Wednesday, September 14, 2011

Nasbandi and Indian Chemists and... other stuff...

I have been setting aside a LOT of stuff inside my head with the tag "has got to go down on blog" for such a long time, that I've started forgetting all those stories and the details that go with them. So, without further delay, I'm just going to try and put it all down in this post. Here goes.

Location: Casualty Department, Tertiary Hospital in Mumbai.

A young man walks in, almost runs in, then sits down, panting, and and tells us: "Mujhe nas bandhi ka operation karwana hai". We all stare at him, pretty amazed (at least I was). I turn around, to check with the MO, and confirm whether he really does mean what I think he does (that he wants to get a vasectomy done!). The MO asks him, "Are you married?" He says no. Then the MO asks him, "Who told you to get this operation done?" He says he figured it out by himself, after watching the Govt. ads on TV, which said that you get paid by the Govt. if you volunteer to undergo a vasectomy. He said his sister was very ill, admitted to a private hospital, and he was falling short of Rs. 900/- for her treatment. She was his only sister, he wanted to save her, so he decided that undergoing a vasectomy would be a good solution. I don't think the ad explains the actual implications of the surgery. Anyone seen the ad? Then tell me what it shows because I haven't seen it. Embedded below is an ironic as well as hilarious video regarding nasbandi that I found while trying to search for a government ad video on the internet.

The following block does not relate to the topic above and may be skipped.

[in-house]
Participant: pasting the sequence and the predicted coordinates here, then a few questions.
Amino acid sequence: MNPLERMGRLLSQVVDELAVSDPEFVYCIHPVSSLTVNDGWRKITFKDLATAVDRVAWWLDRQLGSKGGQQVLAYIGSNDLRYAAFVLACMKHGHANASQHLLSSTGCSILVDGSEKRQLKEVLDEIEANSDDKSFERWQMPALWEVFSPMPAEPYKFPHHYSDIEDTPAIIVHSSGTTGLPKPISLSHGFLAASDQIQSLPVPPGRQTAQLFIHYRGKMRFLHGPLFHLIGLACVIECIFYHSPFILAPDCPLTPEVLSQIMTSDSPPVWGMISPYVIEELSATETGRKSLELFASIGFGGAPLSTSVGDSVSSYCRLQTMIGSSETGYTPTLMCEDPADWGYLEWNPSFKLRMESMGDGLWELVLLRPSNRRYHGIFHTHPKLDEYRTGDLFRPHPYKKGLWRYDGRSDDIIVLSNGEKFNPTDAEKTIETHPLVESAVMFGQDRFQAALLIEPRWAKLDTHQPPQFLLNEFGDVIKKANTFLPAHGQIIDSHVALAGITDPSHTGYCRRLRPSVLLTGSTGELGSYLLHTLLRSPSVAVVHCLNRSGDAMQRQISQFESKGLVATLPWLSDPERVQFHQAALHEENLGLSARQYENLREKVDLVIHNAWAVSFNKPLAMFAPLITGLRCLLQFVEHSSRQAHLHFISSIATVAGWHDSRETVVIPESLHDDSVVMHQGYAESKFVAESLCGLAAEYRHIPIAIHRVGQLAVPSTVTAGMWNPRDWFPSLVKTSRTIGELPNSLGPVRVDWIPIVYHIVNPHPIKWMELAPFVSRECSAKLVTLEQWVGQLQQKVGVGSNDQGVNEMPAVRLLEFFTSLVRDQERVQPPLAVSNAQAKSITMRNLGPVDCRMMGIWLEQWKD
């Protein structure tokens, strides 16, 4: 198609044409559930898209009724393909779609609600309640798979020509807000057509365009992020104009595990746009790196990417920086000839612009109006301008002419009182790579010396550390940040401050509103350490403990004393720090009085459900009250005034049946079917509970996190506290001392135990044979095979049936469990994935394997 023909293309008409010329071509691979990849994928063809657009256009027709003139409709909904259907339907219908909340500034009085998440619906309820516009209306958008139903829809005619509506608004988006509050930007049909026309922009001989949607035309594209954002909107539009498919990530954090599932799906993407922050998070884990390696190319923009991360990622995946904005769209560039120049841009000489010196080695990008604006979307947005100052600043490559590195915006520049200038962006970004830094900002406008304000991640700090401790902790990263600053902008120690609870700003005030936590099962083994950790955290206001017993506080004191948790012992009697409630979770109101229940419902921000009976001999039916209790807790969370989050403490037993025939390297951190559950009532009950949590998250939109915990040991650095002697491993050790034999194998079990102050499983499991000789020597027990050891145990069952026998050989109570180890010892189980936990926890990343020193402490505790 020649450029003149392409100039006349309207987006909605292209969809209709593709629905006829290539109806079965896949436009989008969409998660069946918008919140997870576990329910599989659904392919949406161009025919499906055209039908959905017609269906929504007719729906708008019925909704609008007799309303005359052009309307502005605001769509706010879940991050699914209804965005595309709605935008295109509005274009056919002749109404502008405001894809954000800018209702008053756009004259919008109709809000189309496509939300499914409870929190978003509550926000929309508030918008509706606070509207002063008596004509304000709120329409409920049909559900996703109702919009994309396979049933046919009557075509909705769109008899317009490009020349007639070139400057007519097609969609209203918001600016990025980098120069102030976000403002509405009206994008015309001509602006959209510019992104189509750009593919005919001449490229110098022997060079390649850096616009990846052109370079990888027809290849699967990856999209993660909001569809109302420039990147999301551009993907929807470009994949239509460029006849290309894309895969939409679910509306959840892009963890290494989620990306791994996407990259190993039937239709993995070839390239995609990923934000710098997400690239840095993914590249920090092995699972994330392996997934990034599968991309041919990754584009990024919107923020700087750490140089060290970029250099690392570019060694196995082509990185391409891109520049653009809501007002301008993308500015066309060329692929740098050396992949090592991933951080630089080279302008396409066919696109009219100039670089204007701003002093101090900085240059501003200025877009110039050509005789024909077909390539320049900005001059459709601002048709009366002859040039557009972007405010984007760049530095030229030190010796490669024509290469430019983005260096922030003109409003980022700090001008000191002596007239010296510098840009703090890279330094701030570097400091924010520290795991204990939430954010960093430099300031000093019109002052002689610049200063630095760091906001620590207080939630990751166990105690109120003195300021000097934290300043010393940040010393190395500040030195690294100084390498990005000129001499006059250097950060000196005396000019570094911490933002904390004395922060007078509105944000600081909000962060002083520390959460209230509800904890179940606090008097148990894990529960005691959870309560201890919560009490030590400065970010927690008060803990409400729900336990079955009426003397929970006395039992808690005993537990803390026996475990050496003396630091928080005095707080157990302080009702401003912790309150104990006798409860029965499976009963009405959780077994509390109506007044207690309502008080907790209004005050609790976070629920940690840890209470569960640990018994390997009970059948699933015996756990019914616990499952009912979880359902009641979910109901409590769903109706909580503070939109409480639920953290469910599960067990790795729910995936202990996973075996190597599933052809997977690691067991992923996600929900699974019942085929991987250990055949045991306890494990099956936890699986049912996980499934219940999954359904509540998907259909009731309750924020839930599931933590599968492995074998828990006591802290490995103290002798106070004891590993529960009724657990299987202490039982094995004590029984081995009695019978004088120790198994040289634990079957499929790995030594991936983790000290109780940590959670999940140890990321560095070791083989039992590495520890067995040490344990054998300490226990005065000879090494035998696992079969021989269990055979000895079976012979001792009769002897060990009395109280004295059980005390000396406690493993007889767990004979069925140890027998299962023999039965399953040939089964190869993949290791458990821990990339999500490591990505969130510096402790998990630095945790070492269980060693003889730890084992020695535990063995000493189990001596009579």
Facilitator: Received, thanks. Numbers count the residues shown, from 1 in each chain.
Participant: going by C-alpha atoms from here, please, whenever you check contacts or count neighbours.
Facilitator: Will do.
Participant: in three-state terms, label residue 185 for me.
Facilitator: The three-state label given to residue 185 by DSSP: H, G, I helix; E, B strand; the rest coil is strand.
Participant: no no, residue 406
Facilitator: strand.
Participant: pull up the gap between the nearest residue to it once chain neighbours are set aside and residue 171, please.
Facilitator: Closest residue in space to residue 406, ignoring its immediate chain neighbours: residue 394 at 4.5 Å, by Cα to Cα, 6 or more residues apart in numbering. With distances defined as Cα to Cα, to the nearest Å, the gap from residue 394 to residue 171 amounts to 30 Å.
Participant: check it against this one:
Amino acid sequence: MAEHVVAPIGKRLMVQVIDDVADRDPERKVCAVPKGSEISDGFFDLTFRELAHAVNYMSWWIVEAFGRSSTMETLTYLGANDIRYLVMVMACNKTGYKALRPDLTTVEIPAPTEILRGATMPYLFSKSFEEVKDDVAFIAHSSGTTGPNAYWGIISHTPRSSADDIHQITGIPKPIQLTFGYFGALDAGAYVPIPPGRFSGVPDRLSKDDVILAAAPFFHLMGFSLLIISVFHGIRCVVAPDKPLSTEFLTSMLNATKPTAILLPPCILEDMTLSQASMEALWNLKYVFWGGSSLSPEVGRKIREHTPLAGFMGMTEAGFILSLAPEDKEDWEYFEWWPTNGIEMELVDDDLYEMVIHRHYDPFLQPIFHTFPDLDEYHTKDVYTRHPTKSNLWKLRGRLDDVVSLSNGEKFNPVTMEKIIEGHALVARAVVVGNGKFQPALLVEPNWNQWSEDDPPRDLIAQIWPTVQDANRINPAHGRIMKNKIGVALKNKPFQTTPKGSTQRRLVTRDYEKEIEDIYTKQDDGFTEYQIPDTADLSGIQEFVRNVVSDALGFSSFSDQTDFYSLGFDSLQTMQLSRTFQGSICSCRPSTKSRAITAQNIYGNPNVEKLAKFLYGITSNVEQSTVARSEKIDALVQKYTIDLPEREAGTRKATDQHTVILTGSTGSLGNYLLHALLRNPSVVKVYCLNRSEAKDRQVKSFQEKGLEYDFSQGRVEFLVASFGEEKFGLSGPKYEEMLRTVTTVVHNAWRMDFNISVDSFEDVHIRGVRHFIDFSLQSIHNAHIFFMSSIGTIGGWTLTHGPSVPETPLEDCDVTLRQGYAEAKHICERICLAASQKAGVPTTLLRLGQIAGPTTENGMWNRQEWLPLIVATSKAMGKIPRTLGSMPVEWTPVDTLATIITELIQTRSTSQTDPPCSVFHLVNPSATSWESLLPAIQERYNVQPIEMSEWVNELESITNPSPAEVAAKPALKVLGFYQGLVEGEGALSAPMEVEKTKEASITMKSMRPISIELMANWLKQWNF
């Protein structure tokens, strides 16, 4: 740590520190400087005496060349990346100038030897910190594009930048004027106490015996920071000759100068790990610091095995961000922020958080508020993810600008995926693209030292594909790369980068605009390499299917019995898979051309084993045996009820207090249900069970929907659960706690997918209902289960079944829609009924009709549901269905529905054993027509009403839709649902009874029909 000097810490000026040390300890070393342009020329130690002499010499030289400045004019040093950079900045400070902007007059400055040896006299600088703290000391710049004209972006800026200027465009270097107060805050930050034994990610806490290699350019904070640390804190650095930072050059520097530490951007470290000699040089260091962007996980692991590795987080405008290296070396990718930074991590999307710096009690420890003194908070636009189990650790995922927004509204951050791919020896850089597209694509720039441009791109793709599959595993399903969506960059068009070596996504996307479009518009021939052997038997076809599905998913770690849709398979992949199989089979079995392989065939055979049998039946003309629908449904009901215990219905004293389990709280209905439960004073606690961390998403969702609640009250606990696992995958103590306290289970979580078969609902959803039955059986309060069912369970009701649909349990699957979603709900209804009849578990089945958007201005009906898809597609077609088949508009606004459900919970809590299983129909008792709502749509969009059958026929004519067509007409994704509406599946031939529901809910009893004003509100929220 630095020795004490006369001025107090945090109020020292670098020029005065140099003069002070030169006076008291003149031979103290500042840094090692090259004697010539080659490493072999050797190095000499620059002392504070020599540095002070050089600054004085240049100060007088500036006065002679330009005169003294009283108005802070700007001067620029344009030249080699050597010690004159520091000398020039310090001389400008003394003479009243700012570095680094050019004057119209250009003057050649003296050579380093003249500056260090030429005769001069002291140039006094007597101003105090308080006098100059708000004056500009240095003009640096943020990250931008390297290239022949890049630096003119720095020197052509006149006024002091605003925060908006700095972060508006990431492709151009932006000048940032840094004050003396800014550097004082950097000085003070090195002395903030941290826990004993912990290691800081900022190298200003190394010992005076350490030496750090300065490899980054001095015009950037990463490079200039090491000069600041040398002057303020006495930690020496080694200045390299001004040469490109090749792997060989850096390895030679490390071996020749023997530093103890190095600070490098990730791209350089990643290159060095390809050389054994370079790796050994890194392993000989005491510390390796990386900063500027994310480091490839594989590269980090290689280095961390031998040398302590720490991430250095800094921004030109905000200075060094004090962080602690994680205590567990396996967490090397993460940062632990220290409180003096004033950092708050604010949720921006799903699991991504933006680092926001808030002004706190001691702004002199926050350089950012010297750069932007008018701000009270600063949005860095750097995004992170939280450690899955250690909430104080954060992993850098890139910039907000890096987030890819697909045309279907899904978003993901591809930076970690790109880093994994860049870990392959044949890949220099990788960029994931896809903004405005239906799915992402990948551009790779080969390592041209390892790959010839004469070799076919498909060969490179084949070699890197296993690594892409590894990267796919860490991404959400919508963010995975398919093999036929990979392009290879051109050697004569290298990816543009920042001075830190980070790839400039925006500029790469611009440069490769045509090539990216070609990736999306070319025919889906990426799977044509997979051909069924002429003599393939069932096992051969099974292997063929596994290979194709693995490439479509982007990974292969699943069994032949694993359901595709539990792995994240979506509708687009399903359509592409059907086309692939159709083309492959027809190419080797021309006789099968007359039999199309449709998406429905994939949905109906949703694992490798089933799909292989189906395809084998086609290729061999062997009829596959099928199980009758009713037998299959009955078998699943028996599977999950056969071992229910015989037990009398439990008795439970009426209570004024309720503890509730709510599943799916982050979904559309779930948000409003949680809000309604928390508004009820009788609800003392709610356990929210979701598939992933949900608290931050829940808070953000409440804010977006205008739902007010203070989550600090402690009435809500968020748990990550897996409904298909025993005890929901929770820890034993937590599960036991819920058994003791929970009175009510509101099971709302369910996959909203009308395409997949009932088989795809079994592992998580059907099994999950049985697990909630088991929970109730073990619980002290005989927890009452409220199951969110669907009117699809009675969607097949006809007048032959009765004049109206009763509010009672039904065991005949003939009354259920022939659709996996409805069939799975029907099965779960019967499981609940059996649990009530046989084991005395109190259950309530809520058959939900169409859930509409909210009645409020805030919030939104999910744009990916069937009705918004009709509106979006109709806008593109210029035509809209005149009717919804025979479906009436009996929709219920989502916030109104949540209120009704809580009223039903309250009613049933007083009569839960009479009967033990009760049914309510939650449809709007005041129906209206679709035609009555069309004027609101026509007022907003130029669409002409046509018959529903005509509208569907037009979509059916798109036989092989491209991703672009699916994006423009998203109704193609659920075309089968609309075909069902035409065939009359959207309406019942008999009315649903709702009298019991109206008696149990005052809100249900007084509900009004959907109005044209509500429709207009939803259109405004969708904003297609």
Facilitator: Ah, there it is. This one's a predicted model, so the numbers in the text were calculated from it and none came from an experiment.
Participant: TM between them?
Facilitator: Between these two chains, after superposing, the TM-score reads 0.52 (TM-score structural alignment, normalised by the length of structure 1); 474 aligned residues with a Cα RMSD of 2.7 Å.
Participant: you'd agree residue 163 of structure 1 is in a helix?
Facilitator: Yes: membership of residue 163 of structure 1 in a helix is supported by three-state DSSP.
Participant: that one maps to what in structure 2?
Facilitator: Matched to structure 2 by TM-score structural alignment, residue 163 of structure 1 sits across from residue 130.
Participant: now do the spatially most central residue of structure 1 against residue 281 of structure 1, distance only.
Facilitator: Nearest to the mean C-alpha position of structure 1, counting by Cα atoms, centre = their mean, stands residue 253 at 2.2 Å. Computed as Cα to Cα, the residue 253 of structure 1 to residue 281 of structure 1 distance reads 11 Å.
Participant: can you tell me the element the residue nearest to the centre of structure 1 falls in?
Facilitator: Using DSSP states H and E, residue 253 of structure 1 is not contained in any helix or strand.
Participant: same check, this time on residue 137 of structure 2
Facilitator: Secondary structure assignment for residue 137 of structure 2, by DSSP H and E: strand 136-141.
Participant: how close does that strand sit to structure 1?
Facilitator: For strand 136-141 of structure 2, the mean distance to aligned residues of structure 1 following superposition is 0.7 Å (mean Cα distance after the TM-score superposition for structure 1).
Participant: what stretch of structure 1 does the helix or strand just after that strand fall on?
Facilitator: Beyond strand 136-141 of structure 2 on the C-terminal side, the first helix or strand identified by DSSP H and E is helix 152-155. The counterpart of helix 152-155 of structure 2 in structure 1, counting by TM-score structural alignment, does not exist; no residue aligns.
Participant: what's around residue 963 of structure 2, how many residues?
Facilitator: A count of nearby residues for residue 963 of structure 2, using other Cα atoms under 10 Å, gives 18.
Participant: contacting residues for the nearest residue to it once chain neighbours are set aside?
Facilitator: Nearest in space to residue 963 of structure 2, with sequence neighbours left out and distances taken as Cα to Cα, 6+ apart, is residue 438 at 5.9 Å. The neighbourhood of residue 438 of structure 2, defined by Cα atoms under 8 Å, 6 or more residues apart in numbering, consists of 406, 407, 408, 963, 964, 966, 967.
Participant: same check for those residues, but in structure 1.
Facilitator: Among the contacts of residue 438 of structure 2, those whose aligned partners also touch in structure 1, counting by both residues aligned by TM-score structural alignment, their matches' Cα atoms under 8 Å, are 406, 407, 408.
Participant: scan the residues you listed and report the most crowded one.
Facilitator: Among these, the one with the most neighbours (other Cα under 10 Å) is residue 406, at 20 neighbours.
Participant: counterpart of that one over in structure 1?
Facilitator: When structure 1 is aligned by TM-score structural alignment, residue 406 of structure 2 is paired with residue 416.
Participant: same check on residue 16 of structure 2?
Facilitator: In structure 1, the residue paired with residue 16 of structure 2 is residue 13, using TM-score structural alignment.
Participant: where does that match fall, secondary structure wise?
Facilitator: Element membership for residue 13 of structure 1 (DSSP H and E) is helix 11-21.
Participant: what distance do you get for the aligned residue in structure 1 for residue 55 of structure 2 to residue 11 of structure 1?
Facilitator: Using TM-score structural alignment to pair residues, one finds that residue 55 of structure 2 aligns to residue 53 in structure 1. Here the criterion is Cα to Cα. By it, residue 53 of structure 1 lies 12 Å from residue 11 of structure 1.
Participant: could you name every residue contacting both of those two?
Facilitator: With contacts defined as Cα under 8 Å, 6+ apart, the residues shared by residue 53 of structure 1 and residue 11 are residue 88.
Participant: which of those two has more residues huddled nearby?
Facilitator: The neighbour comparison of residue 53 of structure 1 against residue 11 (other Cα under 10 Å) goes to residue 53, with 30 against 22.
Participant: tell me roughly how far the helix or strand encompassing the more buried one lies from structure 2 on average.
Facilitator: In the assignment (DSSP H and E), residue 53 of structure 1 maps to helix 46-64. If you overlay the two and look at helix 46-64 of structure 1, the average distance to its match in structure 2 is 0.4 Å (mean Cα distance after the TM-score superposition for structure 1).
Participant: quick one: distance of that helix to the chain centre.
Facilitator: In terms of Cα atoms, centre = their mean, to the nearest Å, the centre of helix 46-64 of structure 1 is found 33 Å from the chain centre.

Anyways, the man didn't seem to realize that undergoing this surgery meant that he would not be able to have a child in the future. He just seemed concerned with the monetary compensation he would get. We sent him away, telling him this wasn't an option for him and that he should probably get his sister treated at a government institution if he wanted to save some money.

Location: Casualty Department, Tertiary Hospital in Mumbai.

An old lady is brought in on a wheelchair, transferred from a peripheral private hospital. She comes with reports of deranged RFTs and S. Creat at 8.3. She gives a history of irregular, unsupervised intake of NSAIDs and other Ayurvedic medications over the past two years, to treat her joint pains and some form of arthritis she supposedly had. The medicine registrar on call cites her chronic intake of NSAIDS as the cause for her renal failure. Makes me think about the tons of patients we subscribe NSAIDs to rampantly, everyday, with or without indications, and without thinking about the dangers of a situation where a patient may start self prescribing and abusing those very same NSAIDs. After all, how difficult can it be to read a drug name, ask the drug dispenser what it is used for, and, upon hearing the magic words 'pain relief' start popping it as and when your fancy arises after obtaining it from your friendly local chemist!